The couples in the examples below will live off the interest from their Cash and annual sales of their equities. The draw from their tax deferred accounts, pensions, etc. will occur a “long” time in the future (20+ years). The analysis of the tax consequences for this future period is not included in this post (it is very likely to change, given the propensity of the tax laws to be continually revised). I chose this set of assumptions since it closely reflects my own situation (the dollar amounts differ, but the source of withdrawals is similar). Your mileage may vary (I would love to see analysis for your situation, if it differs).

Furthermore, I assume “worst case” for itemized deductions – that there are none. No mortgage deductions, no medical deductions, etc. The only deductions included are the “standard” deductions and exemptions (e.g. for dependents, including self). All tax calculations were derived using Kiplinger TaxCut 1999 Federal and CA State).

The examples use a retirement date of January 1, 1999 with a $1,000,000 portfolio. Portfolio is divided with 83% ($830,000) in equities and 17% ($170,000) in Cash (Bonds, MMAs or CDs). Both examples use 4% withdrawal rate ($40,000 per year) and figure that the Cash portion of the portfolio earns 7% taxable interest (current 2 1/2 year CD rates are ~7.25% APY). I calculate state income taxes at the California rate (which is one of the highest in the country, from what I understand).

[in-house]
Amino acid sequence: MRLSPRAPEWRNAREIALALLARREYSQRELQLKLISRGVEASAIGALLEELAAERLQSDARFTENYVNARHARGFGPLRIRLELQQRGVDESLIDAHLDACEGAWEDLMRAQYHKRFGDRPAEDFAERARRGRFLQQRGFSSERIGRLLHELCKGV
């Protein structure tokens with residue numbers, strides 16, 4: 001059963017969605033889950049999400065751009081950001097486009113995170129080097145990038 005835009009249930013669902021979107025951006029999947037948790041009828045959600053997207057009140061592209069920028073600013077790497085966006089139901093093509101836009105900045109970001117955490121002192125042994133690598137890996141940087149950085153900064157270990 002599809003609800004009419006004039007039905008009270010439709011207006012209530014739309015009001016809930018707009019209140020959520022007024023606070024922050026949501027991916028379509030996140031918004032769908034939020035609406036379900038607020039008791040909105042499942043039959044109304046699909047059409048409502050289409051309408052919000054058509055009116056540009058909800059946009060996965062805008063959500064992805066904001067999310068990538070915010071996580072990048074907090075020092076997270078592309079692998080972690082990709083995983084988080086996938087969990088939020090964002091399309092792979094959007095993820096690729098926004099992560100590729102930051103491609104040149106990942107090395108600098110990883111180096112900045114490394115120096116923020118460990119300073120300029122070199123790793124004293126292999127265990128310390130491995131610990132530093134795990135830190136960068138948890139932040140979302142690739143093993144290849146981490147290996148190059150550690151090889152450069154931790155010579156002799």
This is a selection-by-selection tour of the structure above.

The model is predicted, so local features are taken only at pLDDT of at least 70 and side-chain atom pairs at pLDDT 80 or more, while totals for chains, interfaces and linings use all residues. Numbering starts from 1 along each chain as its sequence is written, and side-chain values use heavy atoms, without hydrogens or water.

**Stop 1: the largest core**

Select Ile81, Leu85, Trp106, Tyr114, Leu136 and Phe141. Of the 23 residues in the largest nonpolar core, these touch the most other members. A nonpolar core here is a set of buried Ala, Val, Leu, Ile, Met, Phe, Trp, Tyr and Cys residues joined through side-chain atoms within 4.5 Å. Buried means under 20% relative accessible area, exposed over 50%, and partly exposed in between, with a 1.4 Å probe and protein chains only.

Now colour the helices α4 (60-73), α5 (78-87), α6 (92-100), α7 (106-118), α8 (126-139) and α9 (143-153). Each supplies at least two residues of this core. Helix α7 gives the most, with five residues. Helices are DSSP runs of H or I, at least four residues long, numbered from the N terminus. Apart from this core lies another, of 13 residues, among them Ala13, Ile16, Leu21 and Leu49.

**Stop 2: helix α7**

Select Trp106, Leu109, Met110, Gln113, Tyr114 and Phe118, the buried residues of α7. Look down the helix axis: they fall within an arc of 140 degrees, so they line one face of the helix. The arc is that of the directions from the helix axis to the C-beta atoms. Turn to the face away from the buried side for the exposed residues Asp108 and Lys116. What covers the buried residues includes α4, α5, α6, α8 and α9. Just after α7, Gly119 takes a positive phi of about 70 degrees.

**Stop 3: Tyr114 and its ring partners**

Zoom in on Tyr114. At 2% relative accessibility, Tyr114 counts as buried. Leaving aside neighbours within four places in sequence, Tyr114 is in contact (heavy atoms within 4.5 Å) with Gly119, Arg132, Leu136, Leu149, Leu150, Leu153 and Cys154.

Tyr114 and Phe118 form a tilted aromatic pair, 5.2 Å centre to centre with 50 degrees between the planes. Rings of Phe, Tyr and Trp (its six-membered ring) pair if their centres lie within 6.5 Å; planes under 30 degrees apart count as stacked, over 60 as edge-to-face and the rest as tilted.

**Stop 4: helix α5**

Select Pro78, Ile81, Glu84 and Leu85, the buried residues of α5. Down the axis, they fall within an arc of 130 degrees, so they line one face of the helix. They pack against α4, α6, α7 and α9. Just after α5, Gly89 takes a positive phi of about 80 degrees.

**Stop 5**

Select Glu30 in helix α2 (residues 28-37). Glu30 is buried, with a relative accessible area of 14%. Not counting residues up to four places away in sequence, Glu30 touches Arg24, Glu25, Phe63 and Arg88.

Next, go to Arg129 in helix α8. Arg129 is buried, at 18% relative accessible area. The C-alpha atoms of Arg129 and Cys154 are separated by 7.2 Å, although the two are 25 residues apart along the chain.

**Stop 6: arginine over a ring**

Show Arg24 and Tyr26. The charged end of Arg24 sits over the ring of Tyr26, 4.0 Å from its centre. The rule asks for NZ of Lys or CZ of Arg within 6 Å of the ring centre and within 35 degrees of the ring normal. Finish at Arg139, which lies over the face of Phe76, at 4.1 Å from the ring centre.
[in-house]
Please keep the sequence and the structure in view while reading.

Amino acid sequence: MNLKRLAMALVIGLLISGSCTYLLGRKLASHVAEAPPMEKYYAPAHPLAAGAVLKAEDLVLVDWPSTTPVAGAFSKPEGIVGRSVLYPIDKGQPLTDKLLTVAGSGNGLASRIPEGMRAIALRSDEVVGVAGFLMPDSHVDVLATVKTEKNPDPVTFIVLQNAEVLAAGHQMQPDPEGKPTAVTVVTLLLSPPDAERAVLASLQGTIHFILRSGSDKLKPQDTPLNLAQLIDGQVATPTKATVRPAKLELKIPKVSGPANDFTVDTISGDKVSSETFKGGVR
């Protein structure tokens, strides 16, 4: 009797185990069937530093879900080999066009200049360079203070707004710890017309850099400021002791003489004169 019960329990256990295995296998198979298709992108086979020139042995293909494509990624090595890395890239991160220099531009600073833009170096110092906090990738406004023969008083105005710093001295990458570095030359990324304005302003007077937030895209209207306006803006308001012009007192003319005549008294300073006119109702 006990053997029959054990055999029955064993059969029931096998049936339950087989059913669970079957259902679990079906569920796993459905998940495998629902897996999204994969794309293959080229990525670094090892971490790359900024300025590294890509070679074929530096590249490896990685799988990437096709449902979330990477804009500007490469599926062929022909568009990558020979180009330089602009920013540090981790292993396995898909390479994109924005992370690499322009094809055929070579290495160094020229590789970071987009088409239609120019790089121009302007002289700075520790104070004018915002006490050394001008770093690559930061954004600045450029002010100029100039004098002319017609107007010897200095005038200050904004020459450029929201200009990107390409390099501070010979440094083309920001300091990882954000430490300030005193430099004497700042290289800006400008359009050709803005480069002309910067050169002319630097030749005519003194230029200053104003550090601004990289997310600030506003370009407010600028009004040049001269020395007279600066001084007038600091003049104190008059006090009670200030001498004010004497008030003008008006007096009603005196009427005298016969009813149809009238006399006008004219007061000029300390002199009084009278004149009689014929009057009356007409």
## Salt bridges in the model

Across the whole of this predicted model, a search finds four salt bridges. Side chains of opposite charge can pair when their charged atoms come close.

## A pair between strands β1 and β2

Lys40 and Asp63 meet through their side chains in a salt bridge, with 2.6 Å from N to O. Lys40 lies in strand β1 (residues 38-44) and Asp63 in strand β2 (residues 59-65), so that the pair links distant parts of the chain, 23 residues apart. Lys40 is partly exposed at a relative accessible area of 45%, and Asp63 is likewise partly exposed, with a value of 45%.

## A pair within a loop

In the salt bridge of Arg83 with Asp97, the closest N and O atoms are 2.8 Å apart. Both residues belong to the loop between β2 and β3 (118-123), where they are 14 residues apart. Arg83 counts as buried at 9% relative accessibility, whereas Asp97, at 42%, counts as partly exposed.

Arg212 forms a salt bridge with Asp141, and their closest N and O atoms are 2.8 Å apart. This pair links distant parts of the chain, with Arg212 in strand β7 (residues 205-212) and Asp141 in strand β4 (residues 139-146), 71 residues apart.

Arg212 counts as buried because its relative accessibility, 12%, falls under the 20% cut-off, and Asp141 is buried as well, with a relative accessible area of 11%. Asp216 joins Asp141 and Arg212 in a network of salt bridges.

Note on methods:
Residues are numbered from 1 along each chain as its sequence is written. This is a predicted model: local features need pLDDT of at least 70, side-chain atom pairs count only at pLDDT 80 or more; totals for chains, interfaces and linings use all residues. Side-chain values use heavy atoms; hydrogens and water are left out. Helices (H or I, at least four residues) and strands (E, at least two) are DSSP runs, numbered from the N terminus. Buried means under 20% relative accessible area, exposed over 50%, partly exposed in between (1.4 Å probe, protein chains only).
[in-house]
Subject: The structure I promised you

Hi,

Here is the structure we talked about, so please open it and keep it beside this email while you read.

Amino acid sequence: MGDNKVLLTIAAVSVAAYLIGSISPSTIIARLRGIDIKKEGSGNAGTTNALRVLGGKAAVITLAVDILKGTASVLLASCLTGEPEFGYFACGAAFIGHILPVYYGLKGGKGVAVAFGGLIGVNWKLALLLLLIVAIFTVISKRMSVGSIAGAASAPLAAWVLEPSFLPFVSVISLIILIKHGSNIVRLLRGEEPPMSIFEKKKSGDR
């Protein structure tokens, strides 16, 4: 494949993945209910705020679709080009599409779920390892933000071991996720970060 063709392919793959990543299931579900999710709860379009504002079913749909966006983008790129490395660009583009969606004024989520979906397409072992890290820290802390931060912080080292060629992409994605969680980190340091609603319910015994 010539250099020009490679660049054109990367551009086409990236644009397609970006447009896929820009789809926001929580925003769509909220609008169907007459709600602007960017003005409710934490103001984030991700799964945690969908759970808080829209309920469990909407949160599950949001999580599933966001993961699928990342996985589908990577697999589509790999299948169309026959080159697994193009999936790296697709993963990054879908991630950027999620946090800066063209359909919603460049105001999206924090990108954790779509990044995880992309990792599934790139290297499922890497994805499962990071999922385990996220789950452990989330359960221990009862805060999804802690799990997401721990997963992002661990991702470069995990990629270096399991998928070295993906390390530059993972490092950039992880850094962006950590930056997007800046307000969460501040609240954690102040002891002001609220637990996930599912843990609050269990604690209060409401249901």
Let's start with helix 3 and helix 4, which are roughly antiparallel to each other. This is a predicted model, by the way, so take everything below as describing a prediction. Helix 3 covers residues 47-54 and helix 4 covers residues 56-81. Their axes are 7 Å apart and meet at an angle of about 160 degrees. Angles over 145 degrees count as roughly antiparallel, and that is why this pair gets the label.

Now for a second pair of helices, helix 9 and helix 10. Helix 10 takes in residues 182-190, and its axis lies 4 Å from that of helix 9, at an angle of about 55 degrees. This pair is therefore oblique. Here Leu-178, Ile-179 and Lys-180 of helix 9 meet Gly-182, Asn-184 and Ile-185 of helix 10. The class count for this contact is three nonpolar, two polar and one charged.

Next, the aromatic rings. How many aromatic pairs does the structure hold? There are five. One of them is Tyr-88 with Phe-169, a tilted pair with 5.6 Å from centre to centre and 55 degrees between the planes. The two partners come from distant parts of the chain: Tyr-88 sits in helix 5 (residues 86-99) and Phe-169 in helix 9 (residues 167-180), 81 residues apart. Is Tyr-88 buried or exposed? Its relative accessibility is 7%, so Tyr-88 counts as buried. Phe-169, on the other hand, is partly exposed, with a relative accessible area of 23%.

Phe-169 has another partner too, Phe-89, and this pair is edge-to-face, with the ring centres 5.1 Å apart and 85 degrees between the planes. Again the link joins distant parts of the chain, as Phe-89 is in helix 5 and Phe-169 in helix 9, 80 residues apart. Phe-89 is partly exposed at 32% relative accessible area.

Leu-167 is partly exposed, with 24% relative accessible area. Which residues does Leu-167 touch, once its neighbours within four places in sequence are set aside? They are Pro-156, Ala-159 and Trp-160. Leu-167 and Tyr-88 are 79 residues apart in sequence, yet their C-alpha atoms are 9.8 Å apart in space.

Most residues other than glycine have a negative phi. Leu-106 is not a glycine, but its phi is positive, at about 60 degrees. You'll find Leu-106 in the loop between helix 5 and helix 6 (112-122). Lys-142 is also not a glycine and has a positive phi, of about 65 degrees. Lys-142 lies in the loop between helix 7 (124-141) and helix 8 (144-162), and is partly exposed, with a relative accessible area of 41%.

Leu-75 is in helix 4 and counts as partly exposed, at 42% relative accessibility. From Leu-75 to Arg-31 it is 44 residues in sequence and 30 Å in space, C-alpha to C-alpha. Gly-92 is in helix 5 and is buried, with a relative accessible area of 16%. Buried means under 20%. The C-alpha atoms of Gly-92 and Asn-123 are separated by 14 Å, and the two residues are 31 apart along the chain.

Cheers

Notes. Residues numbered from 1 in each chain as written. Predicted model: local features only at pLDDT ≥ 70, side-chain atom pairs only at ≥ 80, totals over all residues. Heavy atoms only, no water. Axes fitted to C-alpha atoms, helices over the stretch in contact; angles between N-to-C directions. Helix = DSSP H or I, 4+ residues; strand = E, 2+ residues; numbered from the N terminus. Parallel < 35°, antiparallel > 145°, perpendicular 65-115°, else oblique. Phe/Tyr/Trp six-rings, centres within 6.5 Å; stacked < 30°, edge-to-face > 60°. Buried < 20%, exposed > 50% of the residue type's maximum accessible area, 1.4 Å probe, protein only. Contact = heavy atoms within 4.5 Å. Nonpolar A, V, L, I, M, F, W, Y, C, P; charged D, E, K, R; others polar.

Example 1:
John and Jane Smith are married and have 1 child, John Jr. They have just retired early, and the equity portion of their portfolio has 50% unrealized capital gains (i.e. they have a cost “basis” of $415,000 in their $830,000 equity portfolio). What will their annual tax burden be (federal and state)?
Annual interest earned on cash portion of portfolio: 170,000 * .07 = $11,900.00
Sale of equities required for balance of $40,000 draw: $40,000 – $11,900 = $28,100
Taxable Long Term Capital Gains (50% cost basis): $28,100 * .50 = $14,050
Adjusted Gross Income (AGI): $11,900 + $14,050 = $25,950
Total Federal Tax: $550
Total CA State Tax: $0 (yes, $0!)
Total Federal and State Tax for the Year: $550
Percent of annual withdrawal that taxes represent: $550 / $40,000 = 1.3%